Mature enteroendocrine cells contribute to basal and pathological stem cell dynamics in the small intestine

Yoshitatsu Sei, Jianying Feng, Leigh Samsel, Ayla White, Xilin Zhao, Sajung Yun, Deborah Citrin, J. Philip McCoy, Sinju Sundaresan, Michael M. Hayes, Juanita L. Merchant, Andrew Leiter, Stephen A. Wank

Research output: Contribution to journalArticlepeer-review

17 Scopus citations


Lgr5-expressing intestinal stem cells (ISCs) maintain continuous and rapid generation of the intestinal epithelium. Here, we present evidence that dedifferentiation of committed enteroendocrine cells (EECs) contributes to maintenance of the epithelium under both basal conditions and in response to injury. Lineage-tracing studies identified a subset of EECs that reside at +4 position for more than 2 wk, most of which were BrdU-label-retaining cells. Under basal conditions, cells derived from these EECs grow from the bottom of the crypt to generate intestinal epithelium according to neutral drift kinetics that is consistent with dedifferentiation of mature EECs to ISCs. The lineage tracing of EECs demonstrated reserve stem cell properties in response to radiation- induced injury with the generation of reparative EEC-derived epithelial patches. Finally, the enterochromaffin (EC) cell was the predominant EEC type participating in these stem cell dynamics. These results provide novel insights into the +4 reserve ISC hypothesis, stem cell dynamics of the intestinal epithelium, and in the development of EC-derived small intestinal tumors. NEW & NOTEWORTHY The current manuscript demonstrating that a subset of mature enteroendocrine cells (EECs), predominantly enterochromaffin cells, dedifferentiates to fully functional intestinal stem cells (ISCs) is novel, timely, and important. These cells dedifferentiate to ISCs not only in response to injury but also under basal homeostatic conditions. These novel findings provide a mechanism in which a specified cell can dedifferentiate and contribute to normal tissue plasticity as well as the development of EEC-derived intestinal tumors under pathologic conditions.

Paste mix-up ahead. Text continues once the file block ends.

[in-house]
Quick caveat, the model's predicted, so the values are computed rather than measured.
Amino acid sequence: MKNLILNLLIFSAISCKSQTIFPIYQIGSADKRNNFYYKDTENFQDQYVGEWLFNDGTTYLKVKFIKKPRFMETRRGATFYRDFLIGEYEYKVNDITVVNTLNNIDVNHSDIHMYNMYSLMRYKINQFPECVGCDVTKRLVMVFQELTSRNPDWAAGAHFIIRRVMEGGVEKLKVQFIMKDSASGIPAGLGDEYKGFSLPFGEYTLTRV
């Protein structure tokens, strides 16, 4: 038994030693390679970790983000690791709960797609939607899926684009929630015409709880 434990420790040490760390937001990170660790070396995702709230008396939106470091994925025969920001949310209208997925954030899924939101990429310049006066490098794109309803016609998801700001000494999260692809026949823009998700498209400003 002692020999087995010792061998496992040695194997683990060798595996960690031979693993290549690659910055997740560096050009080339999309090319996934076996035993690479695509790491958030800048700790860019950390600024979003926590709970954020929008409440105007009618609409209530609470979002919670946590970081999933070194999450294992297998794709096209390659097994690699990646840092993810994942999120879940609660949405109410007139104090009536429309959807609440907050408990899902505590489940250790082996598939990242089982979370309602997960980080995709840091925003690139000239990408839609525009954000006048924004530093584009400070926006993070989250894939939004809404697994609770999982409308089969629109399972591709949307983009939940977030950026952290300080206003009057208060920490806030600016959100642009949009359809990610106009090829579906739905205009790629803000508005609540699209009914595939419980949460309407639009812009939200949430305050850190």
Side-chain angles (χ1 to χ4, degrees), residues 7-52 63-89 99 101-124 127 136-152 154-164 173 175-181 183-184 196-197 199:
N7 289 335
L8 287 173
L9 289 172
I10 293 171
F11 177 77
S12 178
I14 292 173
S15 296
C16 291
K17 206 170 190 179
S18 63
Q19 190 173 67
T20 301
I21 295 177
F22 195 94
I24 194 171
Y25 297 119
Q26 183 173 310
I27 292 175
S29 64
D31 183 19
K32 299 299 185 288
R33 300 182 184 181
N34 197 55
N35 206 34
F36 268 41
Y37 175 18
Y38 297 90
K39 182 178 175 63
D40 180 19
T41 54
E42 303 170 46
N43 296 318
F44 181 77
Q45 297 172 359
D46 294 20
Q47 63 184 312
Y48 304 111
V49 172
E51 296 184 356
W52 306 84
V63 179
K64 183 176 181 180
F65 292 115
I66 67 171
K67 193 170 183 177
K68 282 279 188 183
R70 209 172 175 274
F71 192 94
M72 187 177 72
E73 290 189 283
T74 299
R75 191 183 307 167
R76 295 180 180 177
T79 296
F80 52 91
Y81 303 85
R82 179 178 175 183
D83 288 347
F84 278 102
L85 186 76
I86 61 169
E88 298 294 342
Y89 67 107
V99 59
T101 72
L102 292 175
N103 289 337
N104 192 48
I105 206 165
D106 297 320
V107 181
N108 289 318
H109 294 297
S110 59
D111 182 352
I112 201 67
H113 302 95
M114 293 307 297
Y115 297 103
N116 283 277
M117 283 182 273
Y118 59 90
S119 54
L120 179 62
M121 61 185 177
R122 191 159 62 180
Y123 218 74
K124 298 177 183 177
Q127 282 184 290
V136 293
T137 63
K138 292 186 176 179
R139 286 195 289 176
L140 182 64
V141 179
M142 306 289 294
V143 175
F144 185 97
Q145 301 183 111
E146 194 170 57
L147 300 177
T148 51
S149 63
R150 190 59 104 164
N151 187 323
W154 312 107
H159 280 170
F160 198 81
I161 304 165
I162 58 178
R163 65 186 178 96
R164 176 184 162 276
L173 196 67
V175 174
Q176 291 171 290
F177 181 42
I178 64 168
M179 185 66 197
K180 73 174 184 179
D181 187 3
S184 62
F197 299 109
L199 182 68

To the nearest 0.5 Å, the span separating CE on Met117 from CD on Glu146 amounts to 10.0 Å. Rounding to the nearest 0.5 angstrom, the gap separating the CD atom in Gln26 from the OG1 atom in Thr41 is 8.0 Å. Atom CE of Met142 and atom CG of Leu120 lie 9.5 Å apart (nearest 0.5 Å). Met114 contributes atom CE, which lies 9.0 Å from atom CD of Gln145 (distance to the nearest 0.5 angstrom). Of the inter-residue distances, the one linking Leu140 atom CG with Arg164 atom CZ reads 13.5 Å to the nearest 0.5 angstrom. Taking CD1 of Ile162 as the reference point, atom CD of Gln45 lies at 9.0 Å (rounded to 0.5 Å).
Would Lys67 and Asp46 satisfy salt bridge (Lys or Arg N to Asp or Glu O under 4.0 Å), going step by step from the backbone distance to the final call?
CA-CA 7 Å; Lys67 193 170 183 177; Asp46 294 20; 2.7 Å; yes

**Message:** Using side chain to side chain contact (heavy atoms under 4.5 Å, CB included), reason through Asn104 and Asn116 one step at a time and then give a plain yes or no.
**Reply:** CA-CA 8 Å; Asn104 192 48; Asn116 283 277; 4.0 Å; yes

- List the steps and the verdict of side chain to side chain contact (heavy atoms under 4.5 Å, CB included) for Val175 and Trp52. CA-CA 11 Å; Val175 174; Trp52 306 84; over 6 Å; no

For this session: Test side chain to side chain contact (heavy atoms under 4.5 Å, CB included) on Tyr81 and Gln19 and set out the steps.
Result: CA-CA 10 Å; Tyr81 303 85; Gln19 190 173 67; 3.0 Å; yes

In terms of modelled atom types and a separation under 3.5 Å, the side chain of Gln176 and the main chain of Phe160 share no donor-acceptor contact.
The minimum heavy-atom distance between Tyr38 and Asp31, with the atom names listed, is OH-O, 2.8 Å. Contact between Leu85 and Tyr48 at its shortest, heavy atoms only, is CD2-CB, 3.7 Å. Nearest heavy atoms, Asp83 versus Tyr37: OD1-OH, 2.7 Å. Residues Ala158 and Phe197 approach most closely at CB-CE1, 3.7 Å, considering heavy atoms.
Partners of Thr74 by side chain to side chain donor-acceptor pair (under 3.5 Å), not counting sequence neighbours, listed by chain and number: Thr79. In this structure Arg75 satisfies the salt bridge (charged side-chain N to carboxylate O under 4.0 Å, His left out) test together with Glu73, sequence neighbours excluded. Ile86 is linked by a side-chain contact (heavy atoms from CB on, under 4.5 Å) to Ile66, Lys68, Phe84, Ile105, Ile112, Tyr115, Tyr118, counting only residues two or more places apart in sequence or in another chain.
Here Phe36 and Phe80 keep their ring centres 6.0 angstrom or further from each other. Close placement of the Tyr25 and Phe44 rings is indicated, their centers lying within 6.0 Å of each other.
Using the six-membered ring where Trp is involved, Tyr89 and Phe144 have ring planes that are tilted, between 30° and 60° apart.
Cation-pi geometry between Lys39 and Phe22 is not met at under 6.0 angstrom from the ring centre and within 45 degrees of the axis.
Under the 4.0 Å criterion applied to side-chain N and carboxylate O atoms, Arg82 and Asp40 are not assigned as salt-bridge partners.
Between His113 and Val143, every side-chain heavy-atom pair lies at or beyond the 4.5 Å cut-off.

Original languageEnglish (US)
Pages (from-to)G495-G510
JournalAmerican Journal of Physiology - Gastrointestinal and Liver Physiology
Issue number4
StatePublished - Oct 2018
Externally publishedYes


  • Dedifferentiation
  • Enterochromaffin
  • Enteroendocrine
  • HopX
  • Intestine
  • Irradiation
  • NeuroD1

ASJC Scopus subject areas

  • Physiology
  • Hepatology
  • Gastroenterology
  • Physiology (medical)


Dive into the research topics of 'Mature enteroendocrine cells contribute to basal and pathological stem cell dynamics in the small intestine'. Together they form a unique fingerprint.

Cite this